Type:
text; Dissertation-Reproduction (electronic)
Keywords:
Polarization (Light)
Degree Name:
Ph.D.
Degree Level:
doctoral
Degree Program:
Optical Sciences; Graduate College
Degree Grantor:
University of Arizona

Full metadata record

DC FieldValue Language
dc.language.isoenen_US
dc.titlePOLARIZATION ABERRATIONS (THIN FILMS).en_US
dc.creatorCHIPMAN, RUSSELL ATWOOD.en_US
dc.contributor.authorCHIPMAN, RUSSELL ATWOOD.en_US
dc.date.issued1987en_US
dc.publisherThe University of Arizona.en_US
dc.rightsCopyright © is held by the author. Digital access to this material is made possible by the University Libraries, University of Arizona. Further transmission, reproduction or presentation (such as public display or performance) of protected items is prohibited except with permission of the author.en_US
dc.description.abstractPolarization aberrations are the variations of amplitude, phase, polarization and retardance associated with ray paths through optical systems. This dissertation develops methods for calculating the polarization aberrations of radially symmetric systems of weak polarizers, systems like lenses, telescopes and microscopes. The instrumental polarization in these systems arises from weak polarization effects occurring near normal incidence at glass, metal and thin film coated interfaces. Polarized light and polarizers are treated using the Jones calculus. Weak polarizers, optical elements with small polarization effects, are treated by expanding the Fresnel equations and thin film equations into a Taylor series. Methods are given for calculating the Taylor series coefficients for a multilayer coated interface whose polarization performance is known, for example from a thin film design program. Equations are derived for the propagation of polarized light through optical systems. Weak polarizers are shown to be very weakly order dependent; this greatly facilitates the calculation of the effect of a sequence of weak polarizers. The dominant terms are order independent polarization terms which are readily calculated. The order dependent portion can be systematically evaluated as higher order terms. The instrumental polarization, being a function of angle of incidence, is different for different rays through the system. Thus an optical system is a spatially varying polarizer. The instrumental polarization associated with a single surface is often well approximated as a "parabolic" polarizer. The instrumental polarization function is calculated as a Taylor series Jones matrix about the optical axis as a function of object and pupil coordinates. The resulting spatial variations of the instrumental polarization function bear a strong resemblance to the wavefront aberrations, since both arise from fundamental geometrical considerations. In particular, there are terms in the weak linear polarization and in the weak retardance of radially symmetric systems which strongly resemble defocus, tilt and piston error. A polarization aberration expansion is defined to second order in the object and pupil coordinates. A method is derived for calculating the polarization aberration coefficients for a sequence of radially symmetric surfaces from the Taylor series representation of the polarization associated with the individual interfaces.en_US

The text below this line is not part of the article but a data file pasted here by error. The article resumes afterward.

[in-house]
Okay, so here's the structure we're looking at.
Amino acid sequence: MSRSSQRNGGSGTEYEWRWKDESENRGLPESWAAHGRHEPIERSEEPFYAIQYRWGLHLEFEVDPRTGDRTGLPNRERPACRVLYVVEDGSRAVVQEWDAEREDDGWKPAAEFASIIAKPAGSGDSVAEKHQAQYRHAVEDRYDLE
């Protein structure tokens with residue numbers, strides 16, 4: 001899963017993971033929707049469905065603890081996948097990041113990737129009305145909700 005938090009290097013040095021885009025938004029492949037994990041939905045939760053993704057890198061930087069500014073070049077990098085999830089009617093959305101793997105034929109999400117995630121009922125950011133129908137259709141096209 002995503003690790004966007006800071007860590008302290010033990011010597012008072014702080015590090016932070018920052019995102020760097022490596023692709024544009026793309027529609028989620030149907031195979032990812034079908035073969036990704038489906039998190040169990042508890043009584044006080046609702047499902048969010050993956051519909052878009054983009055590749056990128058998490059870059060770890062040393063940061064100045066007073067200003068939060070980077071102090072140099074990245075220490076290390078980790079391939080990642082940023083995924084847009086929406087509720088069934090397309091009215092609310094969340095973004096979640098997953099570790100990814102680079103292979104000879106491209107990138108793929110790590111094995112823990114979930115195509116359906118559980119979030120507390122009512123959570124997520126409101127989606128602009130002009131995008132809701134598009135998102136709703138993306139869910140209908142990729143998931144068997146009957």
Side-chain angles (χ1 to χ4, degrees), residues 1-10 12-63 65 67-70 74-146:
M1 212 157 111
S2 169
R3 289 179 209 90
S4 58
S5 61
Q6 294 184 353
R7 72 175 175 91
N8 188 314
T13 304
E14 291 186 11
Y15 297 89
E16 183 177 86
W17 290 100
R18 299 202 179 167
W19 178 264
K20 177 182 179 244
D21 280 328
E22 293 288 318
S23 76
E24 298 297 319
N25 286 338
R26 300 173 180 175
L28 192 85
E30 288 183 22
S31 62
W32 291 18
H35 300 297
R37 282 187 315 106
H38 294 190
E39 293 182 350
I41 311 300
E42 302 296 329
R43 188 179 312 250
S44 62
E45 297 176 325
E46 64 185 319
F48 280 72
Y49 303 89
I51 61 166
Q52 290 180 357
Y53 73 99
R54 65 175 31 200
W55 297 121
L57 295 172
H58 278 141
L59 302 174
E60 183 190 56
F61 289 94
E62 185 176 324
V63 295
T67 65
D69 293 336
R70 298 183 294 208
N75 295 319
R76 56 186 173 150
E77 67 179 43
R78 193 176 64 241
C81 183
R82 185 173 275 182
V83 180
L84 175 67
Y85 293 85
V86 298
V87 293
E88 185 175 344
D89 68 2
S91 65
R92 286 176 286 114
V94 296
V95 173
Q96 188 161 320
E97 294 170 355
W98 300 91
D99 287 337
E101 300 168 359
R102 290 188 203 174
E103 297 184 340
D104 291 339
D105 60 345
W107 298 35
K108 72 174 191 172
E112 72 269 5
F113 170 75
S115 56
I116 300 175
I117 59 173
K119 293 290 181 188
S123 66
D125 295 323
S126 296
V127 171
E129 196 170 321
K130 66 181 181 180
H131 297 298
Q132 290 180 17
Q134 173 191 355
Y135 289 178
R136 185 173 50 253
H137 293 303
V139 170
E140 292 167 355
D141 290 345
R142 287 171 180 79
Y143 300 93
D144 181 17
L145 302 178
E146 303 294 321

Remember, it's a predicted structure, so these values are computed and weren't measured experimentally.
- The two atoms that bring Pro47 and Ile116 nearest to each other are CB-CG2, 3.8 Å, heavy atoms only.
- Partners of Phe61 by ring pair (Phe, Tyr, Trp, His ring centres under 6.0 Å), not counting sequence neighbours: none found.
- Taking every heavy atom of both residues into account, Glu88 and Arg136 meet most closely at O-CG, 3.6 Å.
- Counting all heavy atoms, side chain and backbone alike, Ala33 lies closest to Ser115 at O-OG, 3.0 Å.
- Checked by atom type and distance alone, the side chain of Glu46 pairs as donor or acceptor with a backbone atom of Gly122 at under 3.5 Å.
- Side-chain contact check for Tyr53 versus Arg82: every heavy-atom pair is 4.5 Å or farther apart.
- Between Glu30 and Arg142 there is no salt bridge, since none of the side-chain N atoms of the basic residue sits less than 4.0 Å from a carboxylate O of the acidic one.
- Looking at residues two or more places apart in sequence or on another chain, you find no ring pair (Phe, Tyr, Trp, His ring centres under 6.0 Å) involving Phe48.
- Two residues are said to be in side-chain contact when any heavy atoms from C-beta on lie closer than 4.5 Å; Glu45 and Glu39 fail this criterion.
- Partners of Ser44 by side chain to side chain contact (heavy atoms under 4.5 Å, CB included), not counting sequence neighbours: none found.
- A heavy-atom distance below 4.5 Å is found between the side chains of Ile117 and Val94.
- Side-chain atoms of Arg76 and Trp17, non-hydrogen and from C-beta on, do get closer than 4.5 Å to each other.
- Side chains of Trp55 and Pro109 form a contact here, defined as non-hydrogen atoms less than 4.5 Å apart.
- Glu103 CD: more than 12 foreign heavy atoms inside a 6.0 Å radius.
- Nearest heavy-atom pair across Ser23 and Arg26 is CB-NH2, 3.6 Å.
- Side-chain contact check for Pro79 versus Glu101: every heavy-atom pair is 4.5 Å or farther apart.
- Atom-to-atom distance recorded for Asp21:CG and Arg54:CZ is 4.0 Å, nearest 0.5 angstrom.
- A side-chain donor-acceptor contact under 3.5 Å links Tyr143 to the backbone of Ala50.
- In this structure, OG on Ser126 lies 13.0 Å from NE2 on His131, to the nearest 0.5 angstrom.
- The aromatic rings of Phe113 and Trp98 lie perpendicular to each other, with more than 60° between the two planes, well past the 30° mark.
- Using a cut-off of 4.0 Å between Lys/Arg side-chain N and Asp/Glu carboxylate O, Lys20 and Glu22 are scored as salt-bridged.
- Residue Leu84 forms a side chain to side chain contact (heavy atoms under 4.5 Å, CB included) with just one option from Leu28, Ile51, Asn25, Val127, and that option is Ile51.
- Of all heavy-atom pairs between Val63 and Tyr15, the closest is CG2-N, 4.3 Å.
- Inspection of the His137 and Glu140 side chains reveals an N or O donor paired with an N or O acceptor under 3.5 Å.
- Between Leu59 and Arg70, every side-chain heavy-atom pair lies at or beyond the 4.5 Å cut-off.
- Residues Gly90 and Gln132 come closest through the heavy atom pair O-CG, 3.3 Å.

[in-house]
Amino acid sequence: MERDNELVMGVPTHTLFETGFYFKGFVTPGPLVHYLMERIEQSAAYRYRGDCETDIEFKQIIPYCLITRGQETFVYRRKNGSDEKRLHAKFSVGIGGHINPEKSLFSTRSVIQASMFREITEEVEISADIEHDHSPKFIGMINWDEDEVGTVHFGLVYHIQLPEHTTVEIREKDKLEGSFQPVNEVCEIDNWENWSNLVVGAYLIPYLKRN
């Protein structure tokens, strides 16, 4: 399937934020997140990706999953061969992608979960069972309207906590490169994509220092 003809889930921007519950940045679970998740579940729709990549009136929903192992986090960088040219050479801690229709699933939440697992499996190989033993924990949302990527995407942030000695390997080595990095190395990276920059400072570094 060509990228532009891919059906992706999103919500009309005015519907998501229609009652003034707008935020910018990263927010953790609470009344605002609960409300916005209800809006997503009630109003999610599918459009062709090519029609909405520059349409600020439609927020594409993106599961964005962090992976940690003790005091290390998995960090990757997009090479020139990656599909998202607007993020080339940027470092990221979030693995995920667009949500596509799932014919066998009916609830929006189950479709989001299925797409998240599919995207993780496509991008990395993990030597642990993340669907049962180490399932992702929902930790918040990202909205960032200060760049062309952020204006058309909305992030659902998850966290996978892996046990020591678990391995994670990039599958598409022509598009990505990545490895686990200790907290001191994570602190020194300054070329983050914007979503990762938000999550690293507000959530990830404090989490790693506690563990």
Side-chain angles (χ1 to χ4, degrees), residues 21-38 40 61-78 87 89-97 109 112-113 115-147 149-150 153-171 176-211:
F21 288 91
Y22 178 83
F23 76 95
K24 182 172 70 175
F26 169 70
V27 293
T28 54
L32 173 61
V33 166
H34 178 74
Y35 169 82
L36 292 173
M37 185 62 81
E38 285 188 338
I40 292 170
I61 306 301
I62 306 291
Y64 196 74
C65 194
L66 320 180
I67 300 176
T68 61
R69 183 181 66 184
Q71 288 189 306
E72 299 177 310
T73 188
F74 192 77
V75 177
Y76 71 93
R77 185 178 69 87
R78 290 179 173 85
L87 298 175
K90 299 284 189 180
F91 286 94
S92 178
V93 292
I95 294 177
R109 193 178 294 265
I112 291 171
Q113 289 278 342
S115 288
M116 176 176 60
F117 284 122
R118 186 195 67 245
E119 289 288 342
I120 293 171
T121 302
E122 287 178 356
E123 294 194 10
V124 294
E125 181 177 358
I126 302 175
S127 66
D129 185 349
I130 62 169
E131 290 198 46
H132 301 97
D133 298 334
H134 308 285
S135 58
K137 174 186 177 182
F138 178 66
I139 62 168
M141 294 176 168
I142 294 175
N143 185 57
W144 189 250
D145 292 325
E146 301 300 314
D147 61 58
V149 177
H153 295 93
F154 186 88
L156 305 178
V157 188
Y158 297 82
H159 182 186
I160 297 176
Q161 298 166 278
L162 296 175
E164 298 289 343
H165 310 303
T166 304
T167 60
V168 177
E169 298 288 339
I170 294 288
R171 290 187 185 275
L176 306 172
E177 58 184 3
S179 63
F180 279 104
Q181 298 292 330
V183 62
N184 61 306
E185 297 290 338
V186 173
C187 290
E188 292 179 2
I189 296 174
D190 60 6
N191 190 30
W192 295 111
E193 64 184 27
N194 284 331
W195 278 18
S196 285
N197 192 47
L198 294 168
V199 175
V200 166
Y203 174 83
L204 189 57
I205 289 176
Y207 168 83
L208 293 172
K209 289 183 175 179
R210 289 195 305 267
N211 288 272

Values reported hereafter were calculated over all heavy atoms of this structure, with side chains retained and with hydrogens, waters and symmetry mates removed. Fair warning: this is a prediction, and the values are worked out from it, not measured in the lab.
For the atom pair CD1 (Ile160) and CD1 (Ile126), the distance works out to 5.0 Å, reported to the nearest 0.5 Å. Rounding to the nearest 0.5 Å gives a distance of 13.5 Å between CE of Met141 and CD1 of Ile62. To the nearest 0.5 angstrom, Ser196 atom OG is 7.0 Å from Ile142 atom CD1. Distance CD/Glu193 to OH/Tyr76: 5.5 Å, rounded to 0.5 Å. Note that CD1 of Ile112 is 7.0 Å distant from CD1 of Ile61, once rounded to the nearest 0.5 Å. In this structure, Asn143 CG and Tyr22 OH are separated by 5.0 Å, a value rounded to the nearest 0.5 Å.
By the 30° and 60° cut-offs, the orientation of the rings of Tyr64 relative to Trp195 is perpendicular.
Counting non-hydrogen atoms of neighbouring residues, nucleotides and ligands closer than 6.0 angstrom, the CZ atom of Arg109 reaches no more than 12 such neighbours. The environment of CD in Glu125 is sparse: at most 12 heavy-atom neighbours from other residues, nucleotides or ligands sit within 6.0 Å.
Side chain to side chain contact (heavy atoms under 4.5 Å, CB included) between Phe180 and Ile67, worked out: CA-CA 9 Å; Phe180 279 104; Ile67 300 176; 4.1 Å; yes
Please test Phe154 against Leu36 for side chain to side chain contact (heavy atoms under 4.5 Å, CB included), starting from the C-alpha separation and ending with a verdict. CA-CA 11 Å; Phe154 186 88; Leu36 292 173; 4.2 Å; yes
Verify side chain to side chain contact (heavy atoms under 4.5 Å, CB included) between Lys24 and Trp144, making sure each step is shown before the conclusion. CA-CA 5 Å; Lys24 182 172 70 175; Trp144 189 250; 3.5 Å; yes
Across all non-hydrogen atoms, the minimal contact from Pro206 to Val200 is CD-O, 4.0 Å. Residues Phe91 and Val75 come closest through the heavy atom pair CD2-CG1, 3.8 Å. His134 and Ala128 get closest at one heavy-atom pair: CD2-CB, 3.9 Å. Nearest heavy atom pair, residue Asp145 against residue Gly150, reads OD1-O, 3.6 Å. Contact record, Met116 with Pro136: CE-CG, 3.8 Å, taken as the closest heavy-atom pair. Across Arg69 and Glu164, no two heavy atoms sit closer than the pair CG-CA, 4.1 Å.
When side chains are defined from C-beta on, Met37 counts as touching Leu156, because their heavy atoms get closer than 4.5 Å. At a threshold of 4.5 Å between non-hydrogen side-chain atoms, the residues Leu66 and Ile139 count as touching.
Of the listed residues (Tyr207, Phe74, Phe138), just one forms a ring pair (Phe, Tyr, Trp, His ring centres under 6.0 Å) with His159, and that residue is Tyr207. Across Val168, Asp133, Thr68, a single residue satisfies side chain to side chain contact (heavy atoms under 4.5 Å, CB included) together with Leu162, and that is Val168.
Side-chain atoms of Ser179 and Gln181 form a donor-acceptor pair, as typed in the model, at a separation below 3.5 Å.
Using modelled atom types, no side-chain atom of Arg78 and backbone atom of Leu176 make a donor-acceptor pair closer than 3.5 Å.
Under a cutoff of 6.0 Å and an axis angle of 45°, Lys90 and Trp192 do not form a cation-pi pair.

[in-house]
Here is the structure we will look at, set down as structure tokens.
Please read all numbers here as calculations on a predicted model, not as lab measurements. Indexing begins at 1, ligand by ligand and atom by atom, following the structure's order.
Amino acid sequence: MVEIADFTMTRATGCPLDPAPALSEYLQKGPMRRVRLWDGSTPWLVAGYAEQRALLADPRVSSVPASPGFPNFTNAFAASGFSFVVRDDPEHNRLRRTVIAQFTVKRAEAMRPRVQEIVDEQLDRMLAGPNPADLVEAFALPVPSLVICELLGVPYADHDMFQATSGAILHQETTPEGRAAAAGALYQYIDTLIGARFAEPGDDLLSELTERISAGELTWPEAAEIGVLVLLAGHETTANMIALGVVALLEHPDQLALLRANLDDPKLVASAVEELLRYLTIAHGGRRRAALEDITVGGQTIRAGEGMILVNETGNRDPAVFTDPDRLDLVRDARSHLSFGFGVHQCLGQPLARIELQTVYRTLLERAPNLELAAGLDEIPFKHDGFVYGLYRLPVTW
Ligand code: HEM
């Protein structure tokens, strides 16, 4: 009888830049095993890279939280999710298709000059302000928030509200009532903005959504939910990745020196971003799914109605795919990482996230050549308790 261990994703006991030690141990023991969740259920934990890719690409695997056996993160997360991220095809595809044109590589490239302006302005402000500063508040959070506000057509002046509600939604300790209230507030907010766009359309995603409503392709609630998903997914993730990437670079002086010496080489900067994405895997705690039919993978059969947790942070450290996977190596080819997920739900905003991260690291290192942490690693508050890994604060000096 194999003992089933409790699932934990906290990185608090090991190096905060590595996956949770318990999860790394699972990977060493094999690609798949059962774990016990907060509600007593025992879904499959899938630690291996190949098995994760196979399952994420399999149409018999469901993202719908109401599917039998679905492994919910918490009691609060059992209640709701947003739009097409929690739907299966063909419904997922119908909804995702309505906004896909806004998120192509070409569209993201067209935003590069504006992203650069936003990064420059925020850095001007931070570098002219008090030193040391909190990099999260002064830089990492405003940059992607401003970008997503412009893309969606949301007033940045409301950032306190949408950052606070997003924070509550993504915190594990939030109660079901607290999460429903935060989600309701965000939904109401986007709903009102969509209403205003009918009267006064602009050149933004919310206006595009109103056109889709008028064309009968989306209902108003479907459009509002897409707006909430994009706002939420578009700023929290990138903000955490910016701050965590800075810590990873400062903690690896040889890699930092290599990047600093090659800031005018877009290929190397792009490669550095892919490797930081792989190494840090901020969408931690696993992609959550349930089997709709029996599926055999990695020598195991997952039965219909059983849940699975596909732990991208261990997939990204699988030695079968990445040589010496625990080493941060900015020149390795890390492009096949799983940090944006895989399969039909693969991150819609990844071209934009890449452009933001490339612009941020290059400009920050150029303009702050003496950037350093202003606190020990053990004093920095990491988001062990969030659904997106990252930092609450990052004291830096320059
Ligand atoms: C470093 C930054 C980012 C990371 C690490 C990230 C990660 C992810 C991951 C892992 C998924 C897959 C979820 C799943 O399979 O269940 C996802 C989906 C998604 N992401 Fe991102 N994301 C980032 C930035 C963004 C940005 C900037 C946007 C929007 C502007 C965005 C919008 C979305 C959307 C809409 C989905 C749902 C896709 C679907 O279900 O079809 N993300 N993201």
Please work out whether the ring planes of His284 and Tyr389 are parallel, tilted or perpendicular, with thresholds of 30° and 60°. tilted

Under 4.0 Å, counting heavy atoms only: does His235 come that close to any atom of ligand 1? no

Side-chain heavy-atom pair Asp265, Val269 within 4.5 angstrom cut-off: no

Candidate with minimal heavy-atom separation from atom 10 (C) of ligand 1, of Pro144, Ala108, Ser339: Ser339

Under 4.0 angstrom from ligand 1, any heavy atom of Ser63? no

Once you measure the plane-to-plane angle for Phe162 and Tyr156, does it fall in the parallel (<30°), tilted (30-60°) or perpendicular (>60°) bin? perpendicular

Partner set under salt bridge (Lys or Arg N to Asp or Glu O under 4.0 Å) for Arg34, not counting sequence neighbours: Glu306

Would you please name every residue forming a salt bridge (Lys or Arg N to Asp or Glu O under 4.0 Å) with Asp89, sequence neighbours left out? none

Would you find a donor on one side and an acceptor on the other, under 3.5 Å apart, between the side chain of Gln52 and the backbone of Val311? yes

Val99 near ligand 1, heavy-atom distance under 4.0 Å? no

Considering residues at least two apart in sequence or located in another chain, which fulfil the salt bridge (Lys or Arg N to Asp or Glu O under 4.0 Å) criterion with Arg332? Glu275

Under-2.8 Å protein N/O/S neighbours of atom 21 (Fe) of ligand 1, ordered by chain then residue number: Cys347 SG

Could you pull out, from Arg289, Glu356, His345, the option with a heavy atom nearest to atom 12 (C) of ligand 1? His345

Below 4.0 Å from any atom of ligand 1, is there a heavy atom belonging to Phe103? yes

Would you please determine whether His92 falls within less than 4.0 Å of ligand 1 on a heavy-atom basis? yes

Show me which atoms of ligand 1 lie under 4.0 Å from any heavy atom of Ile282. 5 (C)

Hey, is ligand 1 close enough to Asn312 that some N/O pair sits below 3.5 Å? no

dc.typetexten_US
dc.typeDissertation-Reproduction (electronic)en_US
dc.subjectPolarization (Light)en_US
thesis.degree.namePh.D.en_US
thesis.degree.leveldoctoralen_US
thesis.degree.disciplineOptical Sciencesen_US
thesis.degree.disciplineGraduate Collegeen_US
thesis.degree.grantorUniversity of Arizonaen_US
dc.identifier.proquest8712867en_US
dc.identifier.oclc698466310en_US